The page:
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J Neurosci. 2004 Feb 25;24(8):1793-802.

Incentive-elicited brain activation in adolescents: similarities and differences from young adults.

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  • 1Laboratory of Clinical Studies, National Institute on Alcohol Abuse and Alcoholism-National Institutes of Health, Bethesda, Maryland 20892-7003, USA. jbjork@mail.nih.gov

Abstract

Brain motivational circuitry in human adolescence is poorly characterized. One theory holds that risky behavior in adolescence results in part from a relatively overactive ventral striatal (VS) motivational circuit that readily energizes approach toward salient appetitive cues. However, other evidence fosters a theory that this circuit is developmentally underactive, in which adolescents approach more robust incentives (such as risk taking or drug experimentation) to recruit this circuitry. To help resolve this, we compared brain activation in 12 adolescents (12-17 years of age) and 12 young adults (22-28 years of age) while they anticipated the opportunity to respond to obtain monetary gains as well as to avoid monetary losses. In both age groups, anticipation of potential gain activated portions of the VS, right insula, dorsal thalamus, and dorsal midbrain, where the magnitude of VS activation was sensitive to gain amount. Notification of gain outcomes (in contrast with missed gains) activated the mesial frontal cortex (mFC). Across all subjects, signal increase in the right nucleus accumbens during anticipation of responding for large gains independently correlated with both age and self-rated excitement about the high gain cue. In direct comparison, adolescents evidenced less recruitment of the right VS and right-extended amygdala while anticipating responding for gains (in contrast with anticipation of nongains) compared with young adults. However, brain activation after gain outcomes did not appreciably differ between age groups. These results suggest that adolescents selectively show reduced recruitment of motivational but not consummatory components of reward-directed behavior.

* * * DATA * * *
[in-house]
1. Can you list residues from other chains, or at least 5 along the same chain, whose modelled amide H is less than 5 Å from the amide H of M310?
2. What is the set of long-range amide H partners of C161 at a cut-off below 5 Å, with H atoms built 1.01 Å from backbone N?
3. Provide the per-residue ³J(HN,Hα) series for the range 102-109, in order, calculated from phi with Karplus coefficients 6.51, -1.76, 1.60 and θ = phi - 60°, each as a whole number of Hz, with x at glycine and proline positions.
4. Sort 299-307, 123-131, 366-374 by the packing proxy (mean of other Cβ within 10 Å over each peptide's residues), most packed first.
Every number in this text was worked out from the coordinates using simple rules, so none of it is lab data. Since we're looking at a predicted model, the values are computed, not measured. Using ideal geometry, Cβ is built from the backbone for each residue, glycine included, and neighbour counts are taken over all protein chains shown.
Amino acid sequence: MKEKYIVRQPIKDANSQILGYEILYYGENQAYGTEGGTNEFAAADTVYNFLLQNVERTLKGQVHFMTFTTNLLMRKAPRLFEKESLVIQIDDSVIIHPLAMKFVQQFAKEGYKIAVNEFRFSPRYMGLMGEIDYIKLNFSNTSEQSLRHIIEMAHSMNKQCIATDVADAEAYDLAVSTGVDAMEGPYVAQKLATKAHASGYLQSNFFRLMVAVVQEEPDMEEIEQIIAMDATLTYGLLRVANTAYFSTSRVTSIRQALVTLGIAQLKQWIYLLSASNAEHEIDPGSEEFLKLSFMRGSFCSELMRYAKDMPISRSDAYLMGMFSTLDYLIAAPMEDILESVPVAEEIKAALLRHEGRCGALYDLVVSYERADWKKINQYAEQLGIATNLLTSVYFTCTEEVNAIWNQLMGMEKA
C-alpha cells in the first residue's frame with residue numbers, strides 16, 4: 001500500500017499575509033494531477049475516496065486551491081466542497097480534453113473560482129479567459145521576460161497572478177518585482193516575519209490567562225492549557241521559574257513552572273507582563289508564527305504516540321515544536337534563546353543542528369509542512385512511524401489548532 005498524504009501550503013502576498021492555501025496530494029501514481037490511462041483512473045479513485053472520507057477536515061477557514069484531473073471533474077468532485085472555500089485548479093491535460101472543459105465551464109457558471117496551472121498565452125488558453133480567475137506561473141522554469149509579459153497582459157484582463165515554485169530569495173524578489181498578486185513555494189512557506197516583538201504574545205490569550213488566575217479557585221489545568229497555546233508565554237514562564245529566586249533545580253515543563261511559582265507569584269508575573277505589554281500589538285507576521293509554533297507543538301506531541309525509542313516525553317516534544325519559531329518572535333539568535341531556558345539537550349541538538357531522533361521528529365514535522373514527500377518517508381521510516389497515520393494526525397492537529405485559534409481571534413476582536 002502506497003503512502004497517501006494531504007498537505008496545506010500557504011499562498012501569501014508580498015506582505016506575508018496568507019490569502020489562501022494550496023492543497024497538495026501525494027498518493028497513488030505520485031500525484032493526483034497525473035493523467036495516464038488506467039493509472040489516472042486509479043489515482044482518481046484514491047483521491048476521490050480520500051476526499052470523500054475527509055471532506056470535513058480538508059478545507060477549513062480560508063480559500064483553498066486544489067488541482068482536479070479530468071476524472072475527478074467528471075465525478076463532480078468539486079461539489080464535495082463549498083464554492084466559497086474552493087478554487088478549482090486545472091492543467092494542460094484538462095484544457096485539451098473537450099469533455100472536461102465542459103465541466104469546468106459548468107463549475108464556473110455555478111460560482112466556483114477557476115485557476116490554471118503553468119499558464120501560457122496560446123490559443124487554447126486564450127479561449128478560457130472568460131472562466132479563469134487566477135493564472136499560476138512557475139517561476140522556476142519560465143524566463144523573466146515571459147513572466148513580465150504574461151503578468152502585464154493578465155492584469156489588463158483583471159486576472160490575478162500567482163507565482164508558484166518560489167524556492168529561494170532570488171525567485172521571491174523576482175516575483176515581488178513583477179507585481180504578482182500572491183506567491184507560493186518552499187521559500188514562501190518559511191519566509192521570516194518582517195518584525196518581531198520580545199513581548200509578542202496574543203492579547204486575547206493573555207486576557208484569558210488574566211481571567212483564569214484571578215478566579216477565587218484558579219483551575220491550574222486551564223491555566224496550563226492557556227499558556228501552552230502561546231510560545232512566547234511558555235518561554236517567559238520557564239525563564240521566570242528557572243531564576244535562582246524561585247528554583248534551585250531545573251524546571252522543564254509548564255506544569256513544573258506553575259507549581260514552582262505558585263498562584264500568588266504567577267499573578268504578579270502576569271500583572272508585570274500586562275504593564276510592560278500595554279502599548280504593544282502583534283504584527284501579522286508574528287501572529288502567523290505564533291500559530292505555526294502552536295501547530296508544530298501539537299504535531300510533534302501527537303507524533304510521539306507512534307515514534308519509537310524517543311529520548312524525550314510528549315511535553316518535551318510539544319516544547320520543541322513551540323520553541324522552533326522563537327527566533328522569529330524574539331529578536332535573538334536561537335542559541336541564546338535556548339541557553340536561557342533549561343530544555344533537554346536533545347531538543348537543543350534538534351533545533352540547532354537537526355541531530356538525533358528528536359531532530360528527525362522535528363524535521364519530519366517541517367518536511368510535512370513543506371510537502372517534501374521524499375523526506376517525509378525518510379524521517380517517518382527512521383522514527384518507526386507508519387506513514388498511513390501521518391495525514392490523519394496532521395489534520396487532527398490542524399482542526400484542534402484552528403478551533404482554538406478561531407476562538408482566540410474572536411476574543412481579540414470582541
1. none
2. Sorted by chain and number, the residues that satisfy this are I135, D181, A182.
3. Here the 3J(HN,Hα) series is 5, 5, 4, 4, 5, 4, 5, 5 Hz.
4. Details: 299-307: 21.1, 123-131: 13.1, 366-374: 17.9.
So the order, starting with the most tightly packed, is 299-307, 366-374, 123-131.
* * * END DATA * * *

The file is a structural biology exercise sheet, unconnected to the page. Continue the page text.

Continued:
PMID:
14985419
[PubMed - indexed for MEDLINE]
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